Monday, June 4, 2012

Another Long Lonely Month Waiting for the Confidence Fairy...

I haven't really read the recent employment report---it was too discouraging.  But I was interested in this response.  And not just because the title is brilliant.  I was interested because of the flavor of magic the author believes in.

Paul Krugman makes fun of European Austerians' faith in the "confidence fairy", which seems to be the belief that somehow if they make enough sacrifices---or if they, the prosperous policy makers who have no personal risk to consider, make the poor and the old sacrifice enough---that international bankers will gain confidence, and will be willing to lend money at low rates to cover their government debt.   At least I guess that's what they think.

um....ok.  I have so many problems with this I don't know where to start.  It's not clear to me why an international banker would gain any confidence in them by watching them drive their economies into double dip recessions (England) or even real no-baloney depressions (Spain, Portugal, Greece).  But what puzzles me is this: why did they choose international bankers as their savior of choice?  Why do they think that confidence from those people in particular will save them, and cause an economic renaissance?

This author of the piece I linked to above has a different group he wants to reassure, or at least that's my impression from reading this piece.  He seems to believe that the U.S. economy is waiting breathlessly for the confidence of business investors to return, of CEOs of companies, who can hire people if only they believe the future is good.

Well, that's closer, I think.  It's true that businessmen are often  driven by their personal beliefs in a future they can't really predict with confidence, driven by what Keynes called "animal spirits", the urge to act even when the future can't be predicted, when you only have your own gut feeling to go on.  We're all driven by that, because for most of our lives our own feeling about the future really is all we have to go on.  There is a lot about the future that we can't predict in any rigorous way: we simply don't have and can't have the data we would need to make a forecast.  Who will win the Presidential election?  How about the election in 2016?  We can't have the information we need to predict that.  It just isn't available.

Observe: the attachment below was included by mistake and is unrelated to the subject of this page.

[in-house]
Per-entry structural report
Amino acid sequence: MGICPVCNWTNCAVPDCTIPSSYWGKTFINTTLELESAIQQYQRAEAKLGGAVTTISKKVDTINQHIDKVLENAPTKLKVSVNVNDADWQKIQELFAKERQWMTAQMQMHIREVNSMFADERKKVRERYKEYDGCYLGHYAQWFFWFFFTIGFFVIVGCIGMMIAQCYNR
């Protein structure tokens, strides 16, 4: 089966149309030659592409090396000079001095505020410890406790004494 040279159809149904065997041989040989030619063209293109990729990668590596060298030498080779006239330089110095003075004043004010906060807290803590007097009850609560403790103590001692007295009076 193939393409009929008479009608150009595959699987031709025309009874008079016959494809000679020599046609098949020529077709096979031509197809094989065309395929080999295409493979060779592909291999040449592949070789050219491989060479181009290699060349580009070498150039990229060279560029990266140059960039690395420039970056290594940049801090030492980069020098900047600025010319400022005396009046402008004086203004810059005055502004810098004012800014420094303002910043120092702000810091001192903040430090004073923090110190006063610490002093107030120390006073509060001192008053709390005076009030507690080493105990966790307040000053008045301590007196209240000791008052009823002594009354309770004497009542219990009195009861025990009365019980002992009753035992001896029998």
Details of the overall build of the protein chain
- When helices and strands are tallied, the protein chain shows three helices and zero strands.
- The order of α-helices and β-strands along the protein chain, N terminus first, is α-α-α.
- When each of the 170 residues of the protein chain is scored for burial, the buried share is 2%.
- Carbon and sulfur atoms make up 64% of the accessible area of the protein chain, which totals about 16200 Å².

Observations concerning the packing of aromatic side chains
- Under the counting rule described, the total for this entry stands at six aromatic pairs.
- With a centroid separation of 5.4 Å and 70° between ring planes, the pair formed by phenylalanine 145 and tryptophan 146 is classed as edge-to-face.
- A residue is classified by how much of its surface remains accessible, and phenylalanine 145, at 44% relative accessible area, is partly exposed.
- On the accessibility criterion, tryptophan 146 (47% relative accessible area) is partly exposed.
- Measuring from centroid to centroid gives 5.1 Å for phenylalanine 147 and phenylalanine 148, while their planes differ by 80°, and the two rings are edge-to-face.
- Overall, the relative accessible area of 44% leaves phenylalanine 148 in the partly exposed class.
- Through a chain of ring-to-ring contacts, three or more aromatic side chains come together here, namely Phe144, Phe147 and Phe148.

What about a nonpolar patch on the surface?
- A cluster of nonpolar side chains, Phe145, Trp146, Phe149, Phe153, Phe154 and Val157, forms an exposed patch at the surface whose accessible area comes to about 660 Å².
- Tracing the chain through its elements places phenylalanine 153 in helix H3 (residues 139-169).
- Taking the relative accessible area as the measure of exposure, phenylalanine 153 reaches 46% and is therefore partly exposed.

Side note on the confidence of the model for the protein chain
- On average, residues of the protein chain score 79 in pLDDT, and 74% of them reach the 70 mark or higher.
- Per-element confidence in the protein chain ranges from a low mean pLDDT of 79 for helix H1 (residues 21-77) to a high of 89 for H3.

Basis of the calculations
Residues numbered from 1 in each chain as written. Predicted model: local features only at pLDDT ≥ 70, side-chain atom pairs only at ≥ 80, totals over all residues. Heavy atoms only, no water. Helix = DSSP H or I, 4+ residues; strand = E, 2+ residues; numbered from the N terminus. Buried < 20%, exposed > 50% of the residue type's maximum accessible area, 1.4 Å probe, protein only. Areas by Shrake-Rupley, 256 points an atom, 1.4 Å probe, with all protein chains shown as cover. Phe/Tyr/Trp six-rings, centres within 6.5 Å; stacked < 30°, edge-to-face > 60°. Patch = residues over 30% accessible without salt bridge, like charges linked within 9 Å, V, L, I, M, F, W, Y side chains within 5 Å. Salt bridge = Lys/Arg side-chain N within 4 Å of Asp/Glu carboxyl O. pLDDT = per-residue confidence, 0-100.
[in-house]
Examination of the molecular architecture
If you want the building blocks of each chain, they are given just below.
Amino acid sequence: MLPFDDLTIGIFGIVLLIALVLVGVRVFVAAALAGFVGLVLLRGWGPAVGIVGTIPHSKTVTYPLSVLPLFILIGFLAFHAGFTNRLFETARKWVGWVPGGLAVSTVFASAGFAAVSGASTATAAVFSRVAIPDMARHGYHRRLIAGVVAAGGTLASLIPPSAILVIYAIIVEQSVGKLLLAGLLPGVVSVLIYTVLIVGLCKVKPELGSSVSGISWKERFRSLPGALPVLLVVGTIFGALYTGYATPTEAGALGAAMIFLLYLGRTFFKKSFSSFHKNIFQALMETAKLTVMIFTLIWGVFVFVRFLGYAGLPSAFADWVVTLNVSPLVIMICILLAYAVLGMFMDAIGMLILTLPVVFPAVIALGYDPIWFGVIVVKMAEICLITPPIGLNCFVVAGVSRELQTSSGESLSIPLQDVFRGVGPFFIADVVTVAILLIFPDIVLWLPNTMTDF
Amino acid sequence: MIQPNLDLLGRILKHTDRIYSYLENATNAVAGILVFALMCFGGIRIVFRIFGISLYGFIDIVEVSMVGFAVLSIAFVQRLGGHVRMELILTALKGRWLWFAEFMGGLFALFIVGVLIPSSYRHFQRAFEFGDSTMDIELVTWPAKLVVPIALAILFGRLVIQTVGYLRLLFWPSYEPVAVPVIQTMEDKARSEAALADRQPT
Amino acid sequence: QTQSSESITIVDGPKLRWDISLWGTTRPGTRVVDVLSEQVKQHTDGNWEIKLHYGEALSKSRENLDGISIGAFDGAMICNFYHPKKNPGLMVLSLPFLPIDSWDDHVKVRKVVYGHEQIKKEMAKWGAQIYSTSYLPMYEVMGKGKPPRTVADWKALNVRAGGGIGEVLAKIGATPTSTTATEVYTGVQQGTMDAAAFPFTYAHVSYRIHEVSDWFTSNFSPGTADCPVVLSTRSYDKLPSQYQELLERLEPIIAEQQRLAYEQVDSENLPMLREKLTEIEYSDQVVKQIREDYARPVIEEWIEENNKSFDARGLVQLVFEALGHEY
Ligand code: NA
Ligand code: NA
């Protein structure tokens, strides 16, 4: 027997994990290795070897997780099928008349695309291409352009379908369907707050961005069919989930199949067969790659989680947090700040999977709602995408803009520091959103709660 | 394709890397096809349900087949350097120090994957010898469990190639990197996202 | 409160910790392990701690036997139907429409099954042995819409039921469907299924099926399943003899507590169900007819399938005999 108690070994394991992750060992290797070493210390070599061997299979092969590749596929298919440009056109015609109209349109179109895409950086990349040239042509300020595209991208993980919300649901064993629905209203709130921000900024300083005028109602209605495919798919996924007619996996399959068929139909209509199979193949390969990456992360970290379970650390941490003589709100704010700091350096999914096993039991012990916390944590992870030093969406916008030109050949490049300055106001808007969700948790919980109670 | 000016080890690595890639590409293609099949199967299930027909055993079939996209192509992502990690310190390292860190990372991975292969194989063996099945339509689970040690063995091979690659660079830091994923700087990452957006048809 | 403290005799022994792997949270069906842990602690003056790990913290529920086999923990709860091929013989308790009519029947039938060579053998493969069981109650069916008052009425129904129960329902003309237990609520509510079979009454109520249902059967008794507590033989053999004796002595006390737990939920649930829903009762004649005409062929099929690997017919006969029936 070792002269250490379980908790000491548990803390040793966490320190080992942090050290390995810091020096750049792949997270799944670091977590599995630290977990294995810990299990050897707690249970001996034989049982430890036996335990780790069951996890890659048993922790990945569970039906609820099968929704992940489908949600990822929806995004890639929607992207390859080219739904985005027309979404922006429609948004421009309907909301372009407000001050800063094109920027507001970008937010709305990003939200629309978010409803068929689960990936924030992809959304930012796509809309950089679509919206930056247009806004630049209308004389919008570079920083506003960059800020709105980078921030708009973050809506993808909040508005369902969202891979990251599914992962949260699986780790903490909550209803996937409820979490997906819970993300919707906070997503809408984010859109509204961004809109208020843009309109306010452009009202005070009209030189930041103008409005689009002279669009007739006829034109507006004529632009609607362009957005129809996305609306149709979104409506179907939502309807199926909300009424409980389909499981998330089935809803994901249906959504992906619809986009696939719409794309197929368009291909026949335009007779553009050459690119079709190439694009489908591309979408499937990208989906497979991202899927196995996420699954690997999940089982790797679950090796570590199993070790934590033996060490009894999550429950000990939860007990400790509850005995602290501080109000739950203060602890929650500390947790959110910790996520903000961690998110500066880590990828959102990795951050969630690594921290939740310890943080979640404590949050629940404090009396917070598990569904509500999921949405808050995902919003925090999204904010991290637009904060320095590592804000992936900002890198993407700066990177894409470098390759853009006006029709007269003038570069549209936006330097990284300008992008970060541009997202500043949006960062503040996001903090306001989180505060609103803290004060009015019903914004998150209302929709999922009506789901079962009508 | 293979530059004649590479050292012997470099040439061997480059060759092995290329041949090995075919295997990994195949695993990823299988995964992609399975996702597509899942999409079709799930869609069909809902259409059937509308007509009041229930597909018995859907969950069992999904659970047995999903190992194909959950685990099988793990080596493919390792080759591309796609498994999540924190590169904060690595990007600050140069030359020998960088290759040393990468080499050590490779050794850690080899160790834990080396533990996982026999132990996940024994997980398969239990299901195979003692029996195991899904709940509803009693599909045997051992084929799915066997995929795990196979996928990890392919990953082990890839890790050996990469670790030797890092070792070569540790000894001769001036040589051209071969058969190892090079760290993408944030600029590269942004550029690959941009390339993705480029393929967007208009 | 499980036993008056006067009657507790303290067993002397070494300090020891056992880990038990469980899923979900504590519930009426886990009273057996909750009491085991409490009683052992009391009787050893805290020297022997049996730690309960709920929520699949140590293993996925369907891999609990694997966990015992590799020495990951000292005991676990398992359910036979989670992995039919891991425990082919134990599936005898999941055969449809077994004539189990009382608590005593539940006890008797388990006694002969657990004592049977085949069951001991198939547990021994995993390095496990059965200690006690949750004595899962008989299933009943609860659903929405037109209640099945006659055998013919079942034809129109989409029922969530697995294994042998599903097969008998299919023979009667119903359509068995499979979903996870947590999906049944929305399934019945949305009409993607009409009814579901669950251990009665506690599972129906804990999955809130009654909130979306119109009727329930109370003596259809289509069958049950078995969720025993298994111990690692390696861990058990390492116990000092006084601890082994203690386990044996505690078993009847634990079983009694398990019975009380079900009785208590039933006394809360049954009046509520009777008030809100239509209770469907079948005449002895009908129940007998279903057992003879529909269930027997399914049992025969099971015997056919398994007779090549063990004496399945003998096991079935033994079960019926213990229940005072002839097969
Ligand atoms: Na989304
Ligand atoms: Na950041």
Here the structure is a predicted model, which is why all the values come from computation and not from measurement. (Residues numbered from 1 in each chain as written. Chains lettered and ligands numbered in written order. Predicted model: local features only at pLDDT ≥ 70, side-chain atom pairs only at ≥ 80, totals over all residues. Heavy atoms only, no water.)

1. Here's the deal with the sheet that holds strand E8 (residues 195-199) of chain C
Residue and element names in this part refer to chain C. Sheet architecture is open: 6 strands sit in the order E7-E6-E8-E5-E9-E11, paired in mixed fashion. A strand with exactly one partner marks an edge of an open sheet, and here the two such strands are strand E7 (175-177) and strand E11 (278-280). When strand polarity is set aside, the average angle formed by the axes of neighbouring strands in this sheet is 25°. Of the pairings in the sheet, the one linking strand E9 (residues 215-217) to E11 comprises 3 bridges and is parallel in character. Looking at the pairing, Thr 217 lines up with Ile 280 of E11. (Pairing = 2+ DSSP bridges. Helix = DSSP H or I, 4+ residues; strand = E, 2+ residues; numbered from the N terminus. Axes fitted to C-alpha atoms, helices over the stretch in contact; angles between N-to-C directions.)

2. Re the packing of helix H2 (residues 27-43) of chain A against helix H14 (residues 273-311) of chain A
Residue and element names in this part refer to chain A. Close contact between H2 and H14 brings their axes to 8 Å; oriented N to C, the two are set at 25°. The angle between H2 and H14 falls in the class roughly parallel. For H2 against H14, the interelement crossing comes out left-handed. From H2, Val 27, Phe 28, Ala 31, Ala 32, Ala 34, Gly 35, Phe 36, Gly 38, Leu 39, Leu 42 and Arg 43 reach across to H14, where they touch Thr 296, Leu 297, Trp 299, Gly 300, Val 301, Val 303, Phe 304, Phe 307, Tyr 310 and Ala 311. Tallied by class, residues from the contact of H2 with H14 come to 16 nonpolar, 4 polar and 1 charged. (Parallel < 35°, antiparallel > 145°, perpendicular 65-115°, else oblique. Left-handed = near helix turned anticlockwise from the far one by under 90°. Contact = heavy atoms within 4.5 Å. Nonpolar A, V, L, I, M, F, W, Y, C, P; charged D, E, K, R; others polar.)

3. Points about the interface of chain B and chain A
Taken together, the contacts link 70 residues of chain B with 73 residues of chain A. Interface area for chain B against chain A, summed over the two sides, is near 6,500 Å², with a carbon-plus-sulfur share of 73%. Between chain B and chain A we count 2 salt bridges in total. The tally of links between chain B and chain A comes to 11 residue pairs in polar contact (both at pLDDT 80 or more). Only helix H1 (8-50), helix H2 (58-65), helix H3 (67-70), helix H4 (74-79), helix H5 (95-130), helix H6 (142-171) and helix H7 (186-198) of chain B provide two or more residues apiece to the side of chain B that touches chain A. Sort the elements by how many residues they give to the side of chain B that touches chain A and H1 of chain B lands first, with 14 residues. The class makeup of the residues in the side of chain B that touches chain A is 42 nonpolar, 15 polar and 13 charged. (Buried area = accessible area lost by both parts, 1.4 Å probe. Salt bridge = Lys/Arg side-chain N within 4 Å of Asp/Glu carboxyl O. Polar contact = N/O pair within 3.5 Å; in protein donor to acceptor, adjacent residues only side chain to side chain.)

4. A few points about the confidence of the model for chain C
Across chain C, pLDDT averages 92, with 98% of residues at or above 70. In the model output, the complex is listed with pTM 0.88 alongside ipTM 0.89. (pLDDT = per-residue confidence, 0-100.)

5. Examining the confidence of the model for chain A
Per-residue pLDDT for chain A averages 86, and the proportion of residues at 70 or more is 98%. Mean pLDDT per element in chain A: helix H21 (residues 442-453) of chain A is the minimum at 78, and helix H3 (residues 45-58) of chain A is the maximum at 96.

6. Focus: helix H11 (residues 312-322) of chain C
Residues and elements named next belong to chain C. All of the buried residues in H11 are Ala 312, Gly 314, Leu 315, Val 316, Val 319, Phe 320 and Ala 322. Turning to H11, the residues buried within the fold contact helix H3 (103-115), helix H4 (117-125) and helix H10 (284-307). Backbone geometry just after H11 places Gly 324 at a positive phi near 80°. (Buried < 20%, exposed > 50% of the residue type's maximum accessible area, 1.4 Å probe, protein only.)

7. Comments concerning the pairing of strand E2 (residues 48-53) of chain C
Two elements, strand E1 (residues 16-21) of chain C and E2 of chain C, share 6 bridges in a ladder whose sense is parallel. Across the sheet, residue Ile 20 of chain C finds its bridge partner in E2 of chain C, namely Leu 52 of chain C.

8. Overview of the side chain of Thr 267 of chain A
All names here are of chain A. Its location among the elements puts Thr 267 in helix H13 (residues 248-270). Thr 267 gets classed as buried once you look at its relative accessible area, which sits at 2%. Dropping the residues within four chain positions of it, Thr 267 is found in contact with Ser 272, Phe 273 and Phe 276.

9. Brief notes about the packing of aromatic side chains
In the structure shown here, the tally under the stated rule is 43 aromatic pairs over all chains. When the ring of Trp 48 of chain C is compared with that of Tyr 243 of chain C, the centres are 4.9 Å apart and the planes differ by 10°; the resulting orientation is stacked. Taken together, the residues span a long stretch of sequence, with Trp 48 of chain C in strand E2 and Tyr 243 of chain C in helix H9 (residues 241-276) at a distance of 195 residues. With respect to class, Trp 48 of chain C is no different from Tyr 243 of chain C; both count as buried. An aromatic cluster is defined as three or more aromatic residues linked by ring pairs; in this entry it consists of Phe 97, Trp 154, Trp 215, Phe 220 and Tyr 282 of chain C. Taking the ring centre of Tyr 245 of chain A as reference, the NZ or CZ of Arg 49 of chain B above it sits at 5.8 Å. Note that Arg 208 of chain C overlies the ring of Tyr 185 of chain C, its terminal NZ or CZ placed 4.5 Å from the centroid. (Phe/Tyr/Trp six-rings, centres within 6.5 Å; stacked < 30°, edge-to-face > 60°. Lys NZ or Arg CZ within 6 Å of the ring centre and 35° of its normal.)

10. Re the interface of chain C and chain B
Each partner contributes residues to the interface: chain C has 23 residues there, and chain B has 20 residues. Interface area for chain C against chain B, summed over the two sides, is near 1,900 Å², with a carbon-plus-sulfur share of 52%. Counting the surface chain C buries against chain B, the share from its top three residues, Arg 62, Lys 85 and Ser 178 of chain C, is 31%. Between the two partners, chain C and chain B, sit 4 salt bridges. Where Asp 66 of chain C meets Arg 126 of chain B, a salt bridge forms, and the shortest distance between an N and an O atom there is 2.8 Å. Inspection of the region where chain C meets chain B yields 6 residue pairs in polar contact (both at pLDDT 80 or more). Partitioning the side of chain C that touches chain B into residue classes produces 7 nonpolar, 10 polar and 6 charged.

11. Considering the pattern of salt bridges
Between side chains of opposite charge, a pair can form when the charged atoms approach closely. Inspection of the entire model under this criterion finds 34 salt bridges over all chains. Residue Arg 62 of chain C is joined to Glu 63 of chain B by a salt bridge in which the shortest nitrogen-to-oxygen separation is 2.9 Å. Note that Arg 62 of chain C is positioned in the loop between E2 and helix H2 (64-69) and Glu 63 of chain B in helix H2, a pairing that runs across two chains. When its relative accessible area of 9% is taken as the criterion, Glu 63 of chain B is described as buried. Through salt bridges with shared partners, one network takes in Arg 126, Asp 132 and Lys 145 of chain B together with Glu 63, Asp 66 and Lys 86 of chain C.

So I approve, mostly, of his choice.  At least it makes more sense to me than waiting for international bankers, who show no signs of being impressed by governments who beat themselves in a morality-driven budget-balancing frenzy.  But he sees these businessmen acquiring their confidence, or lack of confidence, by observing some pretty abstract events.  He sees them as all being driven by the kinds of events and concerns, and even the kinds of data, that fascinate economists:  by the economic conditions in China, and in Europe, by the slowdown in emerging markets, by the price of oil futures.  All of these matter, without any doubt.  But I don't think the local tire store or supermarket is driven to hire by events as distant as these.  Local businesses hire because they think they must hire someone to service expected local sales.  And big businesses, international businesses, don't hire large numbers of workers here, in the United States, to service sales in distant emerging markets: they hire workers in China or India to make the new product, and salespeople in the country where they expect to sell their products.  They don't hire workers in Spain to serve customers in Sri Lanka. 

That doesn't mean that the news has no impact on the mood of businessmen.  Of course there is.  We are all moved by the front pages.  And as I said, I like the choice of economic savior: business people certainly fit that role better than international bankers. 

But I'll stick with my faith in my own version of magical creatures.  I believe the economy will improve when potential customers, meaning ordinary people, have renewed confidence in their own futures.  When they have replenished their wealth, and driven down their debts, when their retirements seem more secure, and when their jobs seem more secure, they will return as customers.  And when they do, businesses will gain confidence, and will hire.  And when that happens, the economy will improve, and international bankers will gain confidence from that fact.  But it is the customers that start it all---not the bankers.

What makes my version of the magical confidence fairy, the version that thrives on the confidence of ordinary people, of potential customers, instead of on the confidence of international bankers, what makes that version better and more true? 

Well, because it's mine.  Because it's the confidence fairy I believe in. 

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